Words: Matt Jardine
By now, most within the BJJ community are aware of the inextricable link between Brazil and Japan, but as the South Americans modified and ‘evolved’ the techniques of the Far East, did they, and now we, ‘throw the baby out with the bath water’?
Are we guilty of turning our backs on a culture that may still have much to offer and could help us take our BJJ to the next level? Are we missing out on beneficial training methods because of our misunderstanding and misinterpretation of their efficacy?
There is no doubt that the two cultures are poles apart; the archetypal images of the stark minimalism of Kyoto’s famous Zen Rock garden and temple, RyoZen-ji, and the effervescent colours of beach wear on Ipanema beach attest to this.
Opposing poles however, as is depicted in the Yin Yang symbol of oriental theory, can work harmoniously.
To begin this debate we need to briefly outline the traditional Japanese martial arts training modalities: Kumite, Kihon and Kata.
Kumite: This is ‘free sparring’ in the Japanese arts. Like BJJ it covers a spectrum from specific-focused sparring to total free fighting.
Kihon: Picture a line of Karate students practicing individual techniques without a partner; this is Kihon.
Kata: Do you remember the ‘Karate Kid’? Not the modern version with Will Smith’s boy (this is actually a film about Kung Fu rather than Karate but let’s not go there…) but the original with Mr. Miyagi and his young protégé? In the third film, Mr. Miyagi is on the beach teaching ‘Dannyo san’ a series of flowing interlinked moves against a presumed imaginary attacker; this is Kata!
The most prevalent objections I encounter in BJJ academies about the ‘Traditional Arts’, concerns both Kata and Kihon. They are considered by many students of these academies ‘pointless and outdated relics of the past’, or ‘unnecessary and unhelpful training methods for the modern day’. If we look closer though, we may see that we are ‘missing a trick’ by completely banishing these training ideas from our practice.
It is undeniable that one of the incredible strengths of BJJ study is the huge time spent sparring against a resisting opponent. We can all relate to an average class broken down into a warm up, one or two techniques briefly practised then up to half the class time rolling and ‘live sparring’. This is what makes BJJ players tough from a martial arts perspective – they are pressure tested from day one.
Historically, three centuries of colonisation and now a modern economical and social structure blighted by the far extremes of rich and poor, have led to an eclectic, practical, sink or swim attitude that permeates the mats of jiu jitsu academies. This very quality however is also one of BJJ’s potential flaws.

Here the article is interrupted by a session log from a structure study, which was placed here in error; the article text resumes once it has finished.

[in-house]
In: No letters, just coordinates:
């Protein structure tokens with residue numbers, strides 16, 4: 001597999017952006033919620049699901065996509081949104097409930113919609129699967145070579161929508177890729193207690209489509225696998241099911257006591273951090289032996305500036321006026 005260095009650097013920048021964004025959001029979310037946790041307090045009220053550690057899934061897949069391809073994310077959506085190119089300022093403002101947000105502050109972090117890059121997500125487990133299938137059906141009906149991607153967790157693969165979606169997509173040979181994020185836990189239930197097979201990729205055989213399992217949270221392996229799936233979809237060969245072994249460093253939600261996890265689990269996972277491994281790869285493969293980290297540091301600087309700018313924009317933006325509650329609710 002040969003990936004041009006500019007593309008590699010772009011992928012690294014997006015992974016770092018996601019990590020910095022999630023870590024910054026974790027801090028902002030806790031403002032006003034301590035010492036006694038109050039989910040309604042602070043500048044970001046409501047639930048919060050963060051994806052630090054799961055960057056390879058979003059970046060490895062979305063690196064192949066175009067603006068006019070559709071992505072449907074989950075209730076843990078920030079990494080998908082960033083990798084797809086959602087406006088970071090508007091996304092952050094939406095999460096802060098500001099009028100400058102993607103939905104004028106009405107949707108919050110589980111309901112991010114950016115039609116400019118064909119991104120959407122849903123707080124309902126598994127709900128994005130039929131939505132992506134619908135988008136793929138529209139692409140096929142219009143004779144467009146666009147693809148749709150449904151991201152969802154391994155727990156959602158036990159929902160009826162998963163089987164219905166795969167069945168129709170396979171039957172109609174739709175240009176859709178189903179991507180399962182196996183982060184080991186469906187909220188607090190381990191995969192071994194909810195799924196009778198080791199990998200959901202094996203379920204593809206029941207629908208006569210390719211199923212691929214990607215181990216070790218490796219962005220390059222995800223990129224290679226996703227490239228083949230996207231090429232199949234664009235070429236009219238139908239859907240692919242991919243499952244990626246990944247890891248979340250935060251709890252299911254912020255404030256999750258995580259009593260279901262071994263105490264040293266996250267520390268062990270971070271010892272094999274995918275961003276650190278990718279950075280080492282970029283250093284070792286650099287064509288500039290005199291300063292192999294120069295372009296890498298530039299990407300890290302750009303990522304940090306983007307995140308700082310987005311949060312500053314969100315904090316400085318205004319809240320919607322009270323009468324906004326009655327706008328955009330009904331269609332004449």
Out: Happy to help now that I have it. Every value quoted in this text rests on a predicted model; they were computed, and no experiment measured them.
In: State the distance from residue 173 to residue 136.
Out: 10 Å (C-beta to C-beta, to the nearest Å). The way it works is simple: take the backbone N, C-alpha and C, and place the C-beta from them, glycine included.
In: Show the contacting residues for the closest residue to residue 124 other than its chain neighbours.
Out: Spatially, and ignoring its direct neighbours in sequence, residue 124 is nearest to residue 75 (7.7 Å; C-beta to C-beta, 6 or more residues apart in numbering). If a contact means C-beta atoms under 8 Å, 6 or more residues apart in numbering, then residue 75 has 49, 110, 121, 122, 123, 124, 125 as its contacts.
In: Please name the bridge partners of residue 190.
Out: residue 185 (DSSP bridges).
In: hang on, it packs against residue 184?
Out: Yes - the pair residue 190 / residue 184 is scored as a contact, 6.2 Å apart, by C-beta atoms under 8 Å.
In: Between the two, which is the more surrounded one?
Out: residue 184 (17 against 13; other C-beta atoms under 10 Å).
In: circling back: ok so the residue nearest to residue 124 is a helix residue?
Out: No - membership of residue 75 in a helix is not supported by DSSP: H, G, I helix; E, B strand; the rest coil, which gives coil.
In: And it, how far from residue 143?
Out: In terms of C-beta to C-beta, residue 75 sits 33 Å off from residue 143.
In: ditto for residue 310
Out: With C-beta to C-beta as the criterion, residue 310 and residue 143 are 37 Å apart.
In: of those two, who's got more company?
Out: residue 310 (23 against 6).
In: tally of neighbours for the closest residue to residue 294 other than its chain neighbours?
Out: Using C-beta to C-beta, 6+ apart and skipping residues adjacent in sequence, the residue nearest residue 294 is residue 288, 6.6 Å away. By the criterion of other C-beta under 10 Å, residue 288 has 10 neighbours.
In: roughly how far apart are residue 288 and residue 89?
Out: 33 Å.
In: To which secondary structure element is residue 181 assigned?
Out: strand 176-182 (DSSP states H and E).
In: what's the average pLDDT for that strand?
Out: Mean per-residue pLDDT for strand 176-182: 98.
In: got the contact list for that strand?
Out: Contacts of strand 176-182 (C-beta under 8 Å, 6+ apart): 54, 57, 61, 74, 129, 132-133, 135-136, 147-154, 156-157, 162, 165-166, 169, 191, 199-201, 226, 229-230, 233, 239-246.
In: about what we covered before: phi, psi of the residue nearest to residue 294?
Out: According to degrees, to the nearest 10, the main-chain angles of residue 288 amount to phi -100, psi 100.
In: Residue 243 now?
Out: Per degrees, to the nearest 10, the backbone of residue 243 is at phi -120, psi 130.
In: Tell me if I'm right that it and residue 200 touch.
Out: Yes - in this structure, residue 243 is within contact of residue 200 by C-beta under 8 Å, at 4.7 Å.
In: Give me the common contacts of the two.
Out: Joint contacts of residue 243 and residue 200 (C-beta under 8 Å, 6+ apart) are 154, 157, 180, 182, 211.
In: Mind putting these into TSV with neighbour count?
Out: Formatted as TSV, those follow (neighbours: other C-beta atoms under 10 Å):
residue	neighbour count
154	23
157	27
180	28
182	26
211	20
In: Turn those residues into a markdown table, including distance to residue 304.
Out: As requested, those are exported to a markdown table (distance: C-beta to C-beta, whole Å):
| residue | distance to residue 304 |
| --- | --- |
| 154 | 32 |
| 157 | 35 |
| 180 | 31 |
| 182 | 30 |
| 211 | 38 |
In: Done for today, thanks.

As well as recognising the large proportion of sparring in any given lesson, I’m sure many of us can equally relate to the difficulty in trying to remember the myriad techniques squeezed into the 15 minutes or so ‘technical time’ preceding live sparring.
The simple truth is that rolling very often takes precedence over drilling; variation of technique often preferred over repetition leading to a mat of, although tough, potentially technically inaccurate fighters.
Some of the ‘rejected’ philosophies of Japanese training could be the antidote. To understand how, we need a small insight into the cultural attitude of the Japanese.
Japan is a nation that prides itself on attention to detail. They are not renowned for their abilities to ‘pioneer’ but they will take an existing creation and, with disciplined focus, continuously refine until the original is simply ‘better’.
The car industry is a perfect example of this. The flamboyance of the Mediterranean is represented in the magnificence of Italy’s Ferrari: fast, creative and aggressive although notoriously unreliable. In stark contrast however think of Honda, Nissan or indeed any another Japanese car manufacturer. Hugely reliable, affordable and, when you look under the bonnet, also engineered to be a performance car but without the need to be flashy.
These ideas also permeate martial arts training. Turn your attention back to Kata and Kihon (technical training without a partner). In a Japanese Dojo (academy), for example, you could find yourself demanded to repeat a single kata during class time for up to 6 months. If you train 3 times a week and manage to fit in 20 kata per lesson this adds up to a massive 1,440 repetitions over the duration! How many of us can honestly say we have drilled our ‘armbars’ that much? Refined our ‘triangle’ to this degree? Investigated our ‘footlocks’ in such detail?